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Choosing an event management company
3rd February 2020, 3:58 pm
Finding the right event planner is like playing the dating game. It’s not just what’s on the surface that counts, but the deeper connection that will maintain the relationship.
From ensuring your company philosophies are aligned to examining their portfolio with a fine-tooth comb – the process shouldn’t be just about seeking out the company that ‘looks good’ or puts the right figure on a tender document – but finding the perfect fit for your event and your company values.
Set your objectives
Events come in all shapes and sizes – so do event management companies. Whether it’s an employee recognition event to celebrate achievements, a staff Christmas party to boost morale or a customer event to generate sales or launch a new product, the first step in any event is to define why you’re holding it in the first place. Draw up with a list of measurable objectives covering exactly what do you hope to achieve and why. Only then can you begin to hone your list of potential suppliers and see how they hold up against your aims.
Go by word of mouth
I’m a firm believer in recommendations. It’s how I’ve grown my business and built my reputation. Reach out to individuals and organisations within your professional network for their advice, introductions and honest opinions. You can also do this via LinkedIn and via other social media outlets. If you’ve attended a particularly memorable event, then contact the organisers to see who was behind it.
Unpick their Portfolio
Once you have a shortlist, research a company’s testimonials and case studies. There’s no harm in contacting some of the companies they’ve worked with to gauge their experience. If they’ve done repeat business with recognisable brands, it’s a good indicator you’re on to a winner.
On the other hand, don’t just opt for the company that shouts the loudest, that’s always appearing in the media or who has scooped all of the top awards. Accolades may highlight that an event management company has achieved great things, but they can’t tell you if it can do great things for you. Which brings me to the next point.
Is the chemistry right?
Over the past thirty years I’ve worked with many different people – from huge organisations and to celebrities and private clients who prefer to stay that way. Some relationships thrived. Others fell by the wayside. The difference was chemistry.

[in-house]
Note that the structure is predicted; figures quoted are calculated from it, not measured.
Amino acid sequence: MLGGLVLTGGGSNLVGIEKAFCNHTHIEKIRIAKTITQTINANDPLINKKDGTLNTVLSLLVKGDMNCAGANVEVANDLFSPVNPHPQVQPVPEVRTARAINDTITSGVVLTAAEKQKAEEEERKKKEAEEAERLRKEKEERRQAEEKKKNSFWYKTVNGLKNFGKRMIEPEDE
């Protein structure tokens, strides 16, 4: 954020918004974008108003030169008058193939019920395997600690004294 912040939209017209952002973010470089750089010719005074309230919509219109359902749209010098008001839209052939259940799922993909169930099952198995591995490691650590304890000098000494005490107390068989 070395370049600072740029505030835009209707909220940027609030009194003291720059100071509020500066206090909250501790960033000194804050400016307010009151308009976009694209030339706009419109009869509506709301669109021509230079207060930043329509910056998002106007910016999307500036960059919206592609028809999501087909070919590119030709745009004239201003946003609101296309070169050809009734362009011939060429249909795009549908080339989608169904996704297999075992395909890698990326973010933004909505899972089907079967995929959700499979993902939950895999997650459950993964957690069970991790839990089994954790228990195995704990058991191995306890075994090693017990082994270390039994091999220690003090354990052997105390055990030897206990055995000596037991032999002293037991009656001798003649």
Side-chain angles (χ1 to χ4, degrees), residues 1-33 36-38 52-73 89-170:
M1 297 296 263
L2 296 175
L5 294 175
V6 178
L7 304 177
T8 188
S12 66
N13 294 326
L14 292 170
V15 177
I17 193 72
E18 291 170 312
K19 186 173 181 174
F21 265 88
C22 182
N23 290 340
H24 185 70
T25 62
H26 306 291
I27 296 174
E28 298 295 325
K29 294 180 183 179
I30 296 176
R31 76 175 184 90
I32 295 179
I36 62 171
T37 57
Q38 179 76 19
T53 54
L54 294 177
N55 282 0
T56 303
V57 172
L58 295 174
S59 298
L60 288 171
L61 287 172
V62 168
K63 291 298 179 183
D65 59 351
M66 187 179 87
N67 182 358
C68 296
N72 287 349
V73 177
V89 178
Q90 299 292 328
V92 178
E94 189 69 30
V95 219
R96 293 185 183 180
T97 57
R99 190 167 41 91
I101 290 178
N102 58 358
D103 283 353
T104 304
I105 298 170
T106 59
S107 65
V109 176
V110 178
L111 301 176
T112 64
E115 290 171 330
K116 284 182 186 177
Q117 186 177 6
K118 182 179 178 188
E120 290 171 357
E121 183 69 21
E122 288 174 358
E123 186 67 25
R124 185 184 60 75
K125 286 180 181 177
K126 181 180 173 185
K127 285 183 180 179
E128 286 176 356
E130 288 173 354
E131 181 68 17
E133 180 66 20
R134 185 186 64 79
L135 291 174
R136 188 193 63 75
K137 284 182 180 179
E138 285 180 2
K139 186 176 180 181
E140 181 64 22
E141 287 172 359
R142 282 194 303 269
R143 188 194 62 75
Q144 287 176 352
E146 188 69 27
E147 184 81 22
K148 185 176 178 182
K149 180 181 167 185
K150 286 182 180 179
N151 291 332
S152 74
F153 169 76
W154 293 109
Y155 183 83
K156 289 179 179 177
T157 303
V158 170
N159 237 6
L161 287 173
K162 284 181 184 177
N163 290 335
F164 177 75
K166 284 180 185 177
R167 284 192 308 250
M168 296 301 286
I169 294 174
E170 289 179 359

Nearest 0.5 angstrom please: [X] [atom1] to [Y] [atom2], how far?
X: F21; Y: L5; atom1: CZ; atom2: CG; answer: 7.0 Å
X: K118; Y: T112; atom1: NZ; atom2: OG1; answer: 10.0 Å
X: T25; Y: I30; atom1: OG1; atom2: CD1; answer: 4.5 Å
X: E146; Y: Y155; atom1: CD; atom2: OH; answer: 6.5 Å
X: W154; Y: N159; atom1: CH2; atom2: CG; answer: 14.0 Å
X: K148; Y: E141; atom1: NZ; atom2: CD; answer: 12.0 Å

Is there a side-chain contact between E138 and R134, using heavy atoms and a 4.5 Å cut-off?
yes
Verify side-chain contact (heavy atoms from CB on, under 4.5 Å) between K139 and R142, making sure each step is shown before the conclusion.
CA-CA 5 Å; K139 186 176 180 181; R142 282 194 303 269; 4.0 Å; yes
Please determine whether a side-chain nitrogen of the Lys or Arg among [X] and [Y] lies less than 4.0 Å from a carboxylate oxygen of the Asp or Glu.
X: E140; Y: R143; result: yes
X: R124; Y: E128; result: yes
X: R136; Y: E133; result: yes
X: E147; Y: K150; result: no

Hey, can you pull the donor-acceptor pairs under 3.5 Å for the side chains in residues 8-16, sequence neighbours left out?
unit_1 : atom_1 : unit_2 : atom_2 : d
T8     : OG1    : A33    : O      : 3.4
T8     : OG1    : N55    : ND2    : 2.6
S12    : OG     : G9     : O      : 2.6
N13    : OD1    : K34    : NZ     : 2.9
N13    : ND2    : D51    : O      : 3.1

The litmus test for anyone looking to hire an event management company should always be whether you feel you can work with the person or team that’s putting your event together. Ironically there’s no scientific formula for how to measure this. It’s all about the feeling. Your gut instinct. You don’t have to socialise with them, you don’t even have to like them personally (although it helps), but a mutually respectful professional relationship is essential.
Make sure you’re on the same page
If you’re thinking low key and affordable and they’re wanting to hire Beyonce to play at Grand Central Station (either of which would be fabulous by the way) the relationship is never going to work out. Agree the budget from the outset. And that doesn’t mean an event can’t have the wow factor, it’s about making money work hard by spending it in the right areas. If they’re worth they’re salt they’ll find creative ways to achieve your goals within budget
Are they qualified?
Experience vs qualifications. The old conundrum. For me, the perfect recipe should include a good mix of both.
Are your philosophies aligned?
What are the core values that set your company apart? And how does the event management company fit into your overall philosophy? If environmental issues are at your core, then choosing an event management with great eco credentials should be a consideration. Perhaps CSR is high up your priority list – find a like-minded company to reflect what you value most.
Become a secret shopper
Attend an event the company has planned. This may feel like snooping, but it doesn’t have to be done under the radar. I’d have absolutely no problem with a potential client attending one of our events. In fact, I know that allowing them to experience one of our events as a guest is the best way that I can promote my company. Seeing a team in the full throws of an event will allow you to see first-hand how they operate. It will alleviate any worries or lay bare any issues – either way it will help with your decision.
How do they measure success?
Simply putting on a brilliant event then moving onto the next one isn’t good enough. Neither is saying an event was successful without any measurable results to back this up. Events can only prove their worth if there is a robust evaluation process in place. And this needs to be front of mind right from the outset. What monitoring and evaluation steps has the company built into the pitch? If it’s not mentioned that’s a red flag for me.
Check the Ts and Cs
What is their billing structure? When does their invoice need to be paid? And does this fit with your internal processes? These are questions that need to be answered at the outset to stop a relationship turning sour at the end.
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